But anyway, I believe I've made a big enough wall of text for this time.

I do hope that you all have a great Thanksgiving break, and if you go Black Friday shopping, remember that your cashiers and the staff at the stores are under a whole lot more stress than you are, so be kind and polite!

With that, I shall see you all on Monday!

Plato's Beard (16,2)

Okay, I don't know who was supposed to post, but I guess I'll take care of it.
Wednesday, we walked around and philosophized, so I don't know what everyone talked about.
The topics included Existentialism (French) and the nature of choices we make. I hope everyone enjoyed the weather last week, because today is pretty chilly.
See y'all,

Friday, November 22, 2013

NoPhi (16-3)

In class we discussed American Hedonism but primarily French Existentialism and the works of French philosophers Jean-Paul Sartre and Simone de Beauvoir. Sartre was very heavily influenced by the World War II and it's aftermath, and how philosophers should handle such dark matters in time of war. One of the more interesting points was Sartre's view on freewill, in that Humans always have the choice to do as they please. Simply because a waiter is acting as a representative of his restaurant does not mean that he is defined by the role he is taking. Humans are to take full responsibility for their actions under every circumstance.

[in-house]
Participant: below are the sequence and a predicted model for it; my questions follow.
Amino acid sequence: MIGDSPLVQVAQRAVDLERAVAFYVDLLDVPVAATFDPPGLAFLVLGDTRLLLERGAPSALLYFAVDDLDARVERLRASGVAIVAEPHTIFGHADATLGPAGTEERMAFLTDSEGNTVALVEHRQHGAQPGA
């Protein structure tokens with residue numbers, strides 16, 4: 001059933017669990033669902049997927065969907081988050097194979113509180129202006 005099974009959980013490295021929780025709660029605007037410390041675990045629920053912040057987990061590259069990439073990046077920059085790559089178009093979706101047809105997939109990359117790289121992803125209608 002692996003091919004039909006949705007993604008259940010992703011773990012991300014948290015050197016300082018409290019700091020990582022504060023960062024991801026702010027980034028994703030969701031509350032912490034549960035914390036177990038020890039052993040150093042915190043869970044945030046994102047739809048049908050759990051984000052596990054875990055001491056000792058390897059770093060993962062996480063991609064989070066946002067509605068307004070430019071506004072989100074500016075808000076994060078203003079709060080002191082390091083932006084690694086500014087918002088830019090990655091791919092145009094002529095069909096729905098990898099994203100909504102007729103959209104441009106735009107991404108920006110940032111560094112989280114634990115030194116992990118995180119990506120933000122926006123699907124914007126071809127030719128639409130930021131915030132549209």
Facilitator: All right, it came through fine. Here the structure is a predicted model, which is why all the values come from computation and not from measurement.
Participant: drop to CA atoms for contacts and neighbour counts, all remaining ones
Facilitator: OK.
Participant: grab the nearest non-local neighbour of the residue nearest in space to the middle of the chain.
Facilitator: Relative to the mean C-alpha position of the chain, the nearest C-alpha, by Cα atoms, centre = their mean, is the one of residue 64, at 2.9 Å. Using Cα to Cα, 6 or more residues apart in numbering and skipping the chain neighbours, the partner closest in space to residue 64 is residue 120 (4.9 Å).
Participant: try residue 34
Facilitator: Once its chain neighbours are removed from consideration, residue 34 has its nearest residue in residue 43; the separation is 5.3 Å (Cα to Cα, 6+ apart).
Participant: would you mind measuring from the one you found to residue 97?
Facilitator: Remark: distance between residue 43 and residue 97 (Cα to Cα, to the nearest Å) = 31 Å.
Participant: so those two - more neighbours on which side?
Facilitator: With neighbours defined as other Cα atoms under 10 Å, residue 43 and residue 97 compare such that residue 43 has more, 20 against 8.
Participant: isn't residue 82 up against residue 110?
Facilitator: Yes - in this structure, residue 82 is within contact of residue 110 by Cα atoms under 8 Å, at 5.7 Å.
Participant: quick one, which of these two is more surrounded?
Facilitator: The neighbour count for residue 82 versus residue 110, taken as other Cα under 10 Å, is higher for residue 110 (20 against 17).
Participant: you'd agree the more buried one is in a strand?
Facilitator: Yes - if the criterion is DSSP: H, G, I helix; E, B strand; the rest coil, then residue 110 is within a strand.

One point of contention in America the Philosophical was perhaps the use of the word philosopher to describe Hugh Hefner. What is your take on that description?

Thursday, November 21, 2013

Nameless Wanderers, Honors 3 Group 3

It occurred to me the other day that I've gotten the section of this class wrong pretty much since the beginning: H3 vs. H1. Maybe I'm just confused when I shouldn't be, but anyway today we engaged in a little more peripatetics. We began by talking a bit about existentialism, but then devolved into reading Shannon's boyfriend's face. We're just a bit distractible, I think. Anyways, we qualified our existence through our travels about the campus.